The new Hit Points

A zero-level character has a number of hit points equal to his Constitution plus his Strength modifier.

If Constitution or Strength changes, even temporarily as in a barbarian's rage or due to poison, hit points change along.

Experienced characters do get extra hit points, but not that many. Each time a character levels up, roll the hit die as usual, adding the Constitution modifier. (At 1st level, don't roll. Just take the highest result possible, as normal.)

The result, however, is not added directly to the character's hit points. It is interpreted as follows:

Result Hit Points
5 or less No change
6-10 1 extra hit point
11-15 2 extra hit points
16 or more 3 extra hit points

When a character has lost more than half of his hit points, his wounds start taking their toll and he becomes fatigued. He will remain so until he has healed up to half of his hit points again.

Armor Class becomes Defense Class

Defense Class replaces Armor Class as the target number an attack roll must pass. Defense Class is not affected by armor, but your Dexterity modifier still applies. Your Defense Class equals 10 + base Defense bonus + Dexterity bonus + Shield bonus.

Each class has a Defense progression, like the base attack bonus progression. For standard classes, these can be derived from their hit die. This is reasonable, since hit points are the primary experience-based defensive factor of classes in standard D20, and the Defense bonus occupies that position in these optional rules.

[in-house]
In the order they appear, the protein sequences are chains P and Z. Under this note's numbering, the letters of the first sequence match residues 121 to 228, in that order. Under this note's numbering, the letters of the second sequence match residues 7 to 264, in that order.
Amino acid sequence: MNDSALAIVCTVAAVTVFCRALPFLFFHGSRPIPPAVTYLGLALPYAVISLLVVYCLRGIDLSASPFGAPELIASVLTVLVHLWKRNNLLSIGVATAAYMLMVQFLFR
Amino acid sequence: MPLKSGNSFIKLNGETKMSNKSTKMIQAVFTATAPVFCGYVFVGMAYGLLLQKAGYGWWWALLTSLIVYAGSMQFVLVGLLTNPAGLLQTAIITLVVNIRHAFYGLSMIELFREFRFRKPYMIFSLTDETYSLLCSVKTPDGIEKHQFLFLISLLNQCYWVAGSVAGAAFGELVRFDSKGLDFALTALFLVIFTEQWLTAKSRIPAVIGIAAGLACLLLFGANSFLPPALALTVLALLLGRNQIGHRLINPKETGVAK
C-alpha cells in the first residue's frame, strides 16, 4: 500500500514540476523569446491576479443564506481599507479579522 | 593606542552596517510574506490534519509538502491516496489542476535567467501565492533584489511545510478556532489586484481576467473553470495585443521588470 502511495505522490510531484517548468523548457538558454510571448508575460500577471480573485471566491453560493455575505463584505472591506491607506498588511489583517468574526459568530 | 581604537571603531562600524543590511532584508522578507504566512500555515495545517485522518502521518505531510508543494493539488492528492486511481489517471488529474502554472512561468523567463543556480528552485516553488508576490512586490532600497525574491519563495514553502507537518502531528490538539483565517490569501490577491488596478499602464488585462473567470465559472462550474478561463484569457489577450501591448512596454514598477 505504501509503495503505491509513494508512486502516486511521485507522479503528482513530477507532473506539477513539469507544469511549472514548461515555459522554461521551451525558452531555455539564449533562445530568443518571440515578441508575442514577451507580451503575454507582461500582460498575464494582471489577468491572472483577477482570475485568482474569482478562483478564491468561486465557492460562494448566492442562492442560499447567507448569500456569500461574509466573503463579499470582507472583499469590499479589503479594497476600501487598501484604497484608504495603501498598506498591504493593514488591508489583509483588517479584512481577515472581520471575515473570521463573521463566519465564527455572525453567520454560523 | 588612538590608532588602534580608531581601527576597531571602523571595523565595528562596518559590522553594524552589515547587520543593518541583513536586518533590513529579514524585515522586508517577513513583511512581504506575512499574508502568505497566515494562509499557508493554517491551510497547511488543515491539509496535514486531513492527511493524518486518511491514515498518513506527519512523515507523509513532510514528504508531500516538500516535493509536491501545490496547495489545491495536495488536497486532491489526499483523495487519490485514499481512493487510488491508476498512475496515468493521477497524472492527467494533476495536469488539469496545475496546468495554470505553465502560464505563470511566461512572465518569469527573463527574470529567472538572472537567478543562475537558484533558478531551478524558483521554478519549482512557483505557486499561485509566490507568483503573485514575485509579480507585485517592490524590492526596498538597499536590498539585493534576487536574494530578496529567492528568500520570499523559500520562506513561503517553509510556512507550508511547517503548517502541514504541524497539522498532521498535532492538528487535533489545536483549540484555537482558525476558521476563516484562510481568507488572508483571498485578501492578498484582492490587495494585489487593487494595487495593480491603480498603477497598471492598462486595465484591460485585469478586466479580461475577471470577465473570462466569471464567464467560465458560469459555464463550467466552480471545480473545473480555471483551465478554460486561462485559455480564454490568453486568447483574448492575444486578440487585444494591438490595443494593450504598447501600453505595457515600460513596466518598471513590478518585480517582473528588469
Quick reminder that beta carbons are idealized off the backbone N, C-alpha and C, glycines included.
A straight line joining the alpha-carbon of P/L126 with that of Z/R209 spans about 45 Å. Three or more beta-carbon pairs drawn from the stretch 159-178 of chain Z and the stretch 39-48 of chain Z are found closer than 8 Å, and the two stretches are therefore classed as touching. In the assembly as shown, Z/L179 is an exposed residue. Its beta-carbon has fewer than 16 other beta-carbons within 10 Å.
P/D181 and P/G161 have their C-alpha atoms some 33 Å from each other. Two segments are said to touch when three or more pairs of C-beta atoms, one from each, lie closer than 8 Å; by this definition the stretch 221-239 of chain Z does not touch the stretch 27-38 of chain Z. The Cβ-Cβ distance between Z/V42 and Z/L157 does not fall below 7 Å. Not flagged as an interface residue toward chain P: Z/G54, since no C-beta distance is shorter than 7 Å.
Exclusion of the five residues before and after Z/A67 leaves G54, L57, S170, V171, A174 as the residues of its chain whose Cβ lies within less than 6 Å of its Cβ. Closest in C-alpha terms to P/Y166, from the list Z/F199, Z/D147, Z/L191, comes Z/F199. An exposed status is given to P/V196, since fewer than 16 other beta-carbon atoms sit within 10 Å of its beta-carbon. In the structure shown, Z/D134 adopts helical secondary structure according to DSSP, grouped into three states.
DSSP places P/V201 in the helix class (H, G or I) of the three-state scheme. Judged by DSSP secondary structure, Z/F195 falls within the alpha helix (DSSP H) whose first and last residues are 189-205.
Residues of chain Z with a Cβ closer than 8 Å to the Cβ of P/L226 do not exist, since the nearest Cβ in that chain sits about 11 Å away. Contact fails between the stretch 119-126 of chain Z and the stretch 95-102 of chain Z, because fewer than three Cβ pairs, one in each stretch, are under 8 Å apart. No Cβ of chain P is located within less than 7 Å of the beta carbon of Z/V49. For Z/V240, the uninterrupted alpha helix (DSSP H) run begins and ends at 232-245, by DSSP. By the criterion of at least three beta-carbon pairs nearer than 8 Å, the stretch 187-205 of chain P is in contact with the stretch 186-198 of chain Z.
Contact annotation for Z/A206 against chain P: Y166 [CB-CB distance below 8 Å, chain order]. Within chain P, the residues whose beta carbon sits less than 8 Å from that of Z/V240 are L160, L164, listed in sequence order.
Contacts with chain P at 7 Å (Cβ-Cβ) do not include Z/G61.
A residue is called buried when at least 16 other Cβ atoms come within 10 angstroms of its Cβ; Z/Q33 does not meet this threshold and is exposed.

When creating a new class, feel free to separate the hit die from the Defense bonus progression. They need not be related. Remember that the Defense bonus is the more important of the two.

The following is a Defense bonus progression chart based on hit die. It only goes up to level 20. If a character reaches level 21, the progression starts over again, stacking fully.

Level d4 d6 d8 d10 d12
1 0 0 +1 +1 +1
2 0 +1 +1 +2 +2
3 +1 +1 +2 +3 +3
4 +1 +2 +3 +3 +4
5 +1 +2 +3 +4 +5
6 +2 +3 +4 +5 +6
7 +2 +3 +4 +6 +7
8 +2 +4 +5 +6 +8
9 +3 +4 +6 +7 +9
10 +3 +4 +6 +8 +9
11 +3 +5 +7 +9 +10
12 +3 +5 +7 +9 +11
13 +4 +6 +8 +10 +12
14 +4 +6 +9 +11 +13
15 +4 +7 +9 +12 +14
16 +5 +7 +10 +12 +15
17 +5 +8 +10 +13 +16
18 +5 +8 +11 +14 +17
19 +6 +9 +12 +15 +18
20 +6 +9 +12 +15 +18

A multi-class character must determine the bonus for each class separately and then add them up, just like he does with base attack bonuses.